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Dead Blue Roller
Dead Blue Roller
Watercolor and gouache with touches of gold
Support: Cream(1) laid paper, laid down on cream(1) wove paper
Sheet: 29.2 x 16.9 cm (11 1/2 x 6 5/8 in.); Secondary Support: 29.2 x 16.9 cm (11 1/2 x 6 5/8 in.)
Dudley P. Allen Fund 1946.217
This realistic portrait of a dead bird signals a turn toward objective depictions of nature in the 1500s.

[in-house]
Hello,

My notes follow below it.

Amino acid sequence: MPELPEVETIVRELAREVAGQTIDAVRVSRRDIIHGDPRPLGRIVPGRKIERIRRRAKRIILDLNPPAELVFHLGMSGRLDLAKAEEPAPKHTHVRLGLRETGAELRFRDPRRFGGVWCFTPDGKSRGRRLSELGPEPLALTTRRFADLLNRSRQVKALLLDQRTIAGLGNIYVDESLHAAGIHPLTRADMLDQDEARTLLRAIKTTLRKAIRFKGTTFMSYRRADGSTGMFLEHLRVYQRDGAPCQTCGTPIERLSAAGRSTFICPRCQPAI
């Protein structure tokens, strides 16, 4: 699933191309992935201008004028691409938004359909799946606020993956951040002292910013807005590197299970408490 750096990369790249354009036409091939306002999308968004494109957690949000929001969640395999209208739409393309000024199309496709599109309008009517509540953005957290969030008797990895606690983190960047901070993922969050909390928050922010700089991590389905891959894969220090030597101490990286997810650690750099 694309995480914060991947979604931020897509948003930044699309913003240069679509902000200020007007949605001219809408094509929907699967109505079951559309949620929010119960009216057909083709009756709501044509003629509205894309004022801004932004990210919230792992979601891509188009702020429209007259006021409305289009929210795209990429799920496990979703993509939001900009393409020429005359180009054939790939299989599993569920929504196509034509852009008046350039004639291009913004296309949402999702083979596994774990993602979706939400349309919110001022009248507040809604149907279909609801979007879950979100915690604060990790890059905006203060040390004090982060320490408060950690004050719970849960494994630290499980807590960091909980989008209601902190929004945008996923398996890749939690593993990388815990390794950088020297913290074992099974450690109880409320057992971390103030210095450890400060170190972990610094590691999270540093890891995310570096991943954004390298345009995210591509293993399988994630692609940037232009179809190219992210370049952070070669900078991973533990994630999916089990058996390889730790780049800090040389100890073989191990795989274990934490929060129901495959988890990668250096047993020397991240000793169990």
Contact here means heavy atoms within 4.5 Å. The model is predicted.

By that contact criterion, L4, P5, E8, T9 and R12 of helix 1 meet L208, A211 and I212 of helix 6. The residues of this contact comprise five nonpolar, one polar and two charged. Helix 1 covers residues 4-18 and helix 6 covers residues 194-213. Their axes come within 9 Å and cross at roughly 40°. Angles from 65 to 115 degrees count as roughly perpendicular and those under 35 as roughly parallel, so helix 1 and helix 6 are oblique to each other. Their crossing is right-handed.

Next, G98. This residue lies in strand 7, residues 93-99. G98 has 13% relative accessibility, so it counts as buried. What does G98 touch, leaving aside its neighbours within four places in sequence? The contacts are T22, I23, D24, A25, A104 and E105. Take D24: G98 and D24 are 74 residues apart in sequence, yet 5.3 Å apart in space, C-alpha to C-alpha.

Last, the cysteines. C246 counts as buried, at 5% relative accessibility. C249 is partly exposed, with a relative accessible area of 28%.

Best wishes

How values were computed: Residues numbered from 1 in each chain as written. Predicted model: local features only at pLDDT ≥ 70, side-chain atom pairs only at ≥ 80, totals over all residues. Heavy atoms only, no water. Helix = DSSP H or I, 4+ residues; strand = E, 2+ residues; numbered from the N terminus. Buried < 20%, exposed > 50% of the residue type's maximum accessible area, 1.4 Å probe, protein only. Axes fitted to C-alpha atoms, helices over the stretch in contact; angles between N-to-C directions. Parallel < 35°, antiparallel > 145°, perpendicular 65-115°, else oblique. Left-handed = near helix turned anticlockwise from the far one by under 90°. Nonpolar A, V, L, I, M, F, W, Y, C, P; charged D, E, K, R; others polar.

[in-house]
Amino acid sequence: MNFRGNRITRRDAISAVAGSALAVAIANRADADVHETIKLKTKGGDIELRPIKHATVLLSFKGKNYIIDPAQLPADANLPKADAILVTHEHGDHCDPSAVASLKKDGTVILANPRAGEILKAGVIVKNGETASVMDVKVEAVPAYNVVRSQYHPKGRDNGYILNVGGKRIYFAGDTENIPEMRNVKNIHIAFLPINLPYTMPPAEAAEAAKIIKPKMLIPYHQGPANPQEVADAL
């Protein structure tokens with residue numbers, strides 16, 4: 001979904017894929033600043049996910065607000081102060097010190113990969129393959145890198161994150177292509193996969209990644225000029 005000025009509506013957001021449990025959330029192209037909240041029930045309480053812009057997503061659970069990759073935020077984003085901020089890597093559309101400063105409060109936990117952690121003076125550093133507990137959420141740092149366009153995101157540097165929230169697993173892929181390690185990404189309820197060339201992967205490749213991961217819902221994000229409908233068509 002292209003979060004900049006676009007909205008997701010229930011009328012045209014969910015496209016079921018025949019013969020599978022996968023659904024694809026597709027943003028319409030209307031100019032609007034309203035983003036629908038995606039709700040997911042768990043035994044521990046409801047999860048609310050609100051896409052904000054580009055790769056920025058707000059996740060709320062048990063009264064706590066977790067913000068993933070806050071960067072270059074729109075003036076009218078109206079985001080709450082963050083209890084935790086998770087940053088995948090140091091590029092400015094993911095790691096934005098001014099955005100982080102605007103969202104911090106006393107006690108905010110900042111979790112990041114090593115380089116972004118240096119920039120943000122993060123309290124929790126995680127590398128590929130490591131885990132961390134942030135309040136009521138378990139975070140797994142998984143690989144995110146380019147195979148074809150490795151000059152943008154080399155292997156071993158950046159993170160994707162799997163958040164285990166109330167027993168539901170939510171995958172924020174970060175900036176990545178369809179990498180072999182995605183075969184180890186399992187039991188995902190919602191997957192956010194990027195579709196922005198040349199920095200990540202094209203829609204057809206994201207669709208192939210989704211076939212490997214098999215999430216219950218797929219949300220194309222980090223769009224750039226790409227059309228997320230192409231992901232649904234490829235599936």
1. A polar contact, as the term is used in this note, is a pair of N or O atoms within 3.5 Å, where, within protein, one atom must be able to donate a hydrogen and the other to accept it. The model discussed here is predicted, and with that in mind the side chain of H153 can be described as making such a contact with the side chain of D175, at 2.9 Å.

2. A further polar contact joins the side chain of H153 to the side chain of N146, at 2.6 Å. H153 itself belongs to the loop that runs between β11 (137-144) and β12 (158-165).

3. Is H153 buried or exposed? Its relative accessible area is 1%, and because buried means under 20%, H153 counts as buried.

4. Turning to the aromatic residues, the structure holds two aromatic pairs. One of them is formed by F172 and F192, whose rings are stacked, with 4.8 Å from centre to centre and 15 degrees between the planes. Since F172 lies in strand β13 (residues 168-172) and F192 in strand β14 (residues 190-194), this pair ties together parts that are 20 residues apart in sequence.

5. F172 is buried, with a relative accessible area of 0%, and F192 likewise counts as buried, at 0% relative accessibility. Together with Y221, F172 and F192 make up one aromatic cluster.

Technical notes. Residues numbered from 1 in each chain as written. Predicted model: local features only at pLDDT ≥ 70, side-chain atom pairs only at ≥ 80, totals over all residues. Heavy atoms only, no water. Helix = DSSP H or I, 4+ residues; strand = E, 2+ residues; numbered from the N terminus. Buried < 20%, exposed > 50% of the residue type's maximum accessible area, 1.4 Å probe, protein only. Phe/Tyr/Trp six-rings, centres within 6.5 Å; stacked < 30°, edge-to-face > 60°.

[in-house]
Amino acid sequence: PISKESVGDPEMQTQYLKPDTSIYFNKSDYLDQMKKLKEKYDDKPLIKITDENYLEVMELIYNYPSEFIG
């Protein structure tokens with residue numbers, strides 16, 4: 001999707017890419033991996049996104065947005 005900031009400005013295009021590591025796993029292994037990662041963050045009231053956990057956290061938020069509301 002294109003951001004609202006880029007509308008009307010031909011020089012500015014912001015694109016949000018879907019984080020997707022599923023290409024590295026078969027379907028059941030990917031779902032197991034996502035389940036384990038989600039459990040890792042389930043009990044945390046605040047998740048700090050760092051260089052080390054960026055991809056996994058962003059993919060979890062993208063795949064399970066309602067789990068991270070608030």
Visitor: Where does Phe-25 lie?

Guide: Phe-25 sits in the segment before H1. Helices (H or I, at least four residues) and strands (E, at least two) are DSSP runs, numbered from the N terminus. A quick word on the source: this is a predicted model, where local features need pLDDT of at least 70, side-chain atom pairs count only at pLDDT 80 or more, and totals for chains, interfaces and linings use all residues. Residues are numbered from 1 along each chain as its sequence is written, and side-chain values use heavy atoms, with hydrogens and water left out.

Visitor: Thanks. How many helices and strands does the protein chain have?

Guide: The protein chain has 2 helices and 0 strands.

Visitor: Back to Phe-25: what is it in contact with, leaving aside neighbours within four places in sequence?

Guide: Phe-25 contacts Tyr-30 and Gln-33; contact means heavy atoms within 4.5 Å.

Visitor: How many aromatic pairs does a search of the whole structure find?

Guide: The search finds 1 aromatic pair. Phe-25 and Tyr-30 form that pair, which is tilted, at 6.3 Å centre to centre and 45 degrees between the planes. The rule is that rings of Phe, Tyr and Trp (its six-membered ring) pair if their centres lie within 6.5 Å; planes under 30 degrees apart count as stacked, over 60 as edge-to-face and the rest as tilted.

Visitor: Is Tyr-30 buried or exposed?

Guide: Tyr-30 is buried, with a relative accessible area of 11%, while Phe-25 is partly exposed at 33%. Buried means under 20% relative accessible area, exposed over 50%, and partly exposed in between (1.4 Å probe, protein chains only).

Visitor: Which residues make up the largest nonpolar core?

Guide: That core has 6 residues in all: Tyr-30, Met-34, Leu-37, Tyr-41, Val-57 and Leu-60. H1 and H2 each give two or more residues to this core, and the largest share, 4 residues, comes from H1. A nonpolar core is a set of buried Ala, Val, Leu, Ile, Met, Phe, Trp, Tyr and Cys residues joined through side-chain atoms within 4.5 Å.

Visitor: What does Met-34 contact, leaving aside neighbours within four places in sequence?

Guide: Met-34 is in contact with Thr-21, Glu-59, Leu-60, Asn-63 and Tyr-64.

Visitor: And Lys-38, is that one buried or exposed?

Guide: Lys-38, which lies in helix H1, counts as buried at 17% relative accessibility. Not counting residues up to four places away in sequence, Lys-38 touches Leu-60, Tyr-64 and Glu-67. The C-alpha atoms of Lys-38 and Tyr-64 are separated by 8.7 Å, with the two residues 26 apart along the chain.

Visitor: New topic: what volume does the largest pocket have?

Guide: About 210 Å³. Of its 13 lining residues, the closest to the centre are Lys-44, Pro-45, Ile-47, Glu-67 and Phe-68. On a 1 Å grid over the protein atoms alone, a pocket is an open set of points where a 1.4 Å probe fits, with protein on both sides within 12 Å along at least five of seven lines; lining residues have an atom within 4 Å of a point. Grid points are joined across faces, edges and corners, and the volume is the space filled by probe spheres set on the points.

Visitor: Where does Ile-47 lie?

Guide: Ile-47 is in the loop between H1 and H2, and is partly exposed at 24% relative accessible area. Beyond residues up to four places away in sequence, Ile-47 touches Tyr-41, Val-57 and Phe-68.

Half a century after the death of the German Renaissance artist Albrecht Dürer, his work continued to inspire artists and collectors. Hans Hoffmann was well known for his copies of Dürer’s nature studies, and in 1583 he faithfully copied Dürer’s celebrated drawing of a dead blue roller of 1512 in this exquisite watercolor. A network of very fine brushstrokes imitates the individual plumes of the bird’s underside while simultaneously suggesting an overall soft, downy texture. Several other copies of Dürer's composition exist, including one by Hoffmann in London. Both the London sheet and this sheet were signed with Hoffman’s prominent monogram and dated, indicating that he could not have intended them to pass as originals by the older master. Likely, he meant the drawing as an homage to the greatest German artist of the 1500s; his endeavor may have been sponsored by the Nuremberg-based Imhoff family, who owned Dürer's blue roller around the time this drawing was made.
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